How much money does it take to contact some organization – say, a reporter from a newspaper, through email – meet them with a hidden recorder or camera tucked away, then to finally upload the secret video to YouTube?

A lot, apparently. Who knew?

James O’Keefe, the wunderkind who brought Project Veritas to prominence within conservative circles when he used the aforementioned technique to expose ACORN for their shady practices in 2009, has been chasing after that same level of acclaim ever since, with mixed results.

Nothing since has quite measured up to that initial flash of success. He’s had a series of lackluster “reveals” that have only excited a tight circle of partisans, but generally were washed away with the tide of more important revelations, elsewhere.

In 2010, he and several of his colleagues were arrested for attempting to enter the New Orleans office of then-Senator Mary Landrieu, by posing as telephone repairmen. They wanted to tamper with the phones in Landrieu’s office, in order to prove her phone lines were not so backed up with calls that she couldn’t take the calls from Tea Party activists.

O’Keefe received 3 years of probation, 100 hours of community service, and had to pay a fine of $1,500 for that stunt.

His latest goof, as I brought to you last night,  was the attempted sting operation, meant to plant a false story about Roy Moore impregnating a 15 year old girl in 1992 with the Washington Post. The goal, of course, to see the story in print, then to jump out with their grand “A-HA” moment, as they revealed that it was all an elaborate ruse, cooked up and carried out by the keen minds of O’Keefe and company – a ruse that would not have been possible, if not for the Washington Post’s own deceptiveness, and willingness to print any inflammatory lie against a conservative candidate for the Senate.

Yeah. It didn’t work out.

The woman, Jaime Phillips, sent by O’Keefe to pose as a teen Moore victim flamed out in glorious fashion, once she realized her story would undergo a fact-checking process before WaPo took it to print.

Oh, and the GoFundMe page she posted to raise money for her move to work combatting the liberal MSM didn’t help her, at all.

The topper was when she left her final meeting with WaPo reporter, Stephanie McCrummen, where she was confronted with a print-out of her GoFundMe page, and told that other details of her story did not check out. She left the meeting and led the WaPo crew directly back to the Project Veritas offices.

Outside the offices, James O’Keefe was confronted, on video, about his attempts to plant a false story with their paper.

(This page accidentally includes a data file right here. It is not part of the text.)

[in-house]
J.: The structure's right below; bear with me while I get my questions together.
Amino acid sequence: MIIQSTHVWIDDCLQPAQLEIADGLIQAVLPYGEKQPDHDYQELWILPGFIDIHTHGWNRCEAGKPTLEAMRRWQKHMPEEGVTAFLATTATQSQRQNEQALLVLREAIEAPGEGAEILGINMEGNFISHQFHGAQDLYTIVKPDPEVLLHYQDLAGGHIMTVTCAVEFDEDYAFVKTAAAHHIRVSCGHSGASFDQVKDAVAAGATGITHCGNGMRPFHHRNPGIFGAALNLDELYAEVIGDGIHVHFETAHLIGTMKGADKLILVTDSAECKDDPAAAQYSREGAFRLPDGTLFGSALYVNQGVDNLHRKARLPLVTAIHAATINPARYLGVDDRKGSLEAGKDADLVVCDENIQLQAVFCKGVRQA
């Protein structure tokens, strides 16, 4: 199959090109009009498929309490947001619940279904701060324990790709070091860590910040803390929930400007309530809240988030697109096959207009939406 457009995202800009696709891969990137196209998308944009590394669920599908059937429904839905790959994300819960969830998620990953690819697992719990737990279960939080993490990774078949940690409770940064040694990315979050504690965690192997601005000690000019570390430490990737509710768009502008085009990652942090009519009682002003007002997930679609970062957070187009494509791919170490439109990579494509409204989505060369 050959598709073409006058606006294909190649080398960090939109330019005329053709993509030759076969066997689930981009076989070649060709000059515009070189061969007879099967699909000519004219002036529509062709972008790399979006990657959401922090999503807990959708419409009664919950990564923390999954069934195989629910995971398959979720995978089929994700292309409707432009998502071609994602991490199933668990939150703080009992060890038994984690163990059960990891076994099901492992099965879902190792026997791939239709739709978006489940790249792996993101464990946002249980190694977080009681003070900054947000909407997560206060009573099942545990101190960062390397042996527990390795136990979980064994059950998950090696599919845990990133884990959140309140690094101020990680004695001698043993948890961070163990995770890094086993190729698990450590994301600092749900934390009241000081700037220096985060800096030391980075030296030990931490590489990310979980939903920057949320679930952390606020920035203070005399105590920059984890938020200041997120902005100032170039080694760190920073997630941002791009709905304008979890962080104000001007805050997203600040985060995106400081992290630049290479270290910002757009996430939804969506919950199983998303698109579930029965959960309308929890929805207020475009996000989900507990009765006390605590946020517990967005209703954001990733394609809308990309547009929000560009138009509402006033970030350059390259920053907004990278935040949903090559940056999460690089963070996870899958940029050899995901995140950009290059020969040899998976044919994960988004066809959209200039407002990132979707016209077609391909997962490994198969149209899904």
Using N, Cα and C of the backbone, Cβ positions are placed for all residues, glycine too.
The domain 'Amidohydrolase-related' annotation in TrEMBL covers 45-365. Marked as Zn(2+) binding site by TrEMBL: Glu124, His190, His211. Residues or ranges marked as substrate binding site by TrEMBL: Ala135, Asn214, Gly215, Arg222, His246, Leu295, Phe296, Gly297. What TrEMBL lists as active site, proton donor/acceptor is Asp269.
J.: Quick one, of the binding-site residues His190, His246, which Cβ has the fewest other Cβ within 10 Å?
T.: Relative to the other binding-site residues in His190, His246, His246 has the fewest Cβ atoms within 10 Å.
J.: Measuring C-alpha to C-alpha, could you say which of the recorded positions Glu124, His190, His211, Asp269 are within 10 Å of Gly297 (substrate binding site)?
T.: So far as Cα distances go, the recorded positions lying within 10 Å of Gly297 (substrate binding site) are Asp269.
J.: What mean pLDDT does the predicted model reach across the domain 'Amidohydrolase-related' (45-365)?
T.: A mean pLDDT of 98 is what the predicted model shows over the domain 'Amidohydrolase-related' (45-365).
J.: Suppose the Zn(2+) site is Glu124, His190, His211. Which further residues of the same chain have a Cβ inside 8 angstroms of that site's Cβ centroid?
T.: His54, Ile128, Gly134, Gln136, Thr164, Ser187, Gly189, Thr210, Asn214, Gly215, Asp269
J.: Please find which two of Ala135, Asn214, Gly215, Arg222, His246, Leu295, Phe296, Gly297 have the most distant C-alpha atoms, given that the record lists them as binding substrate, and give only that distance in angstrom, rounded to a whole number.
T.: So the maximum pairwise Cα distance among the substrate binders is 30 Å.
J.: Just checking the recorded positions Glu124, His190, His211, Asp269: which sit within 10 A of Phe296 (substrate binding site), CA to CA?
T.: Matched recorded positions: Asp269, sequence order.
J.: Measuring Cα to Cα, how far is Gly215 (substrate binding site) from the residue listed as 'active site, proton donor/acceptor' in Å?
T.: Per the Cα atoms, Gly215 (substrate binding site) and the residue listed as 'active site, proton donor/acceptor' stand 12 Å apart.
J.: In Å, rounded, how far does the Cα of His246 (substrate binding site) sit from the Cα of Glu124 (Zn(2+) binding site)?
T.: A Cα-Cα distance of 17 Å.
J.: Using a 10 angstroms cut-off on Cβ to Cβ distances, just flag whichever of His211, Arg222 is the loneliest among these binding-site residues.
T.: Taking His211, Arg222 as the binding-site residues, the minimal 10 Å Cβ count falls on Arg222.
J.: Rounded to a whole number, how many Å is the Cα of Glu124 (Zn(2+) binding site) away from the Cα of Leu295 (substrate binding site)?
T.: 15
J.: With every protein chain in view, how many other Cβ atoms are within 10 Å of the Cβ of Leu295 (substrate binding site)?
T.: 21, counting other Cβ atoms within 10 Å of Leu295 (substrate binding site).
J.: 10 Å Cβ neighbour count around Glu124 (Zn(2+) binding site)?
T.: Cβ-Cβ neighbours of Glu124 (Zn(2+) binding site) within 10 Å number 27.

Of course, he wouldn’t talk to the reporters, and even, quite arrogantly, accused them of stealing the technique of Project Veritas.

Dude… really?

So, caught red-handed, and embarrassed before the world, what does O’Keefe do?

Fund raises off of the debacle, of course.

You weren’t ambushed, guy. Your operative screwed up and led them to you. They approached you, introduced themselves, then asked questions.

As for the months of having an undercover operative embedded with the paper, that’s just a lie.

Jaime Phillips popped up the day after the first Roy Moore story, at the beginning of November, and has been working an angle to get a fake story posted for several weeks.

What you succeeded in doing was make the Washington Post look better. You showcased their attention to detail and proved that they do their due diligence, as far as fact checking stories before print.

In other words, where Project Veritas proved to be willing to work in deception, the menacing “liberal MSM” proved to be the honest brokers of information.

And if you’ve in fact, already got your story, why do you need help to finish the investigation? Just upload whatever you think you have to YouTube, like you normally do. An upload to your channel on YouTube is free.

So just how much does O’Keefe and his outfit pull in every year, and where does the funding come from?

Well, the word is O’Keefe is pulling down over $300,000 from Project Veritas. That money comes from donors, who receive these passionate emails about all the liberal evils being confronted by the organization, and they feel compelled to dig deep to fund the efforts.

It’s a pretty good gig, if you can get it. The problem is, in order to keep the money flowing, they have to continue to manufacture boogeymen, and in the process, they’re clowning themselves and anybody who isn’t willing to view their methods and how they choose their targets with a bit of healthy skepticism.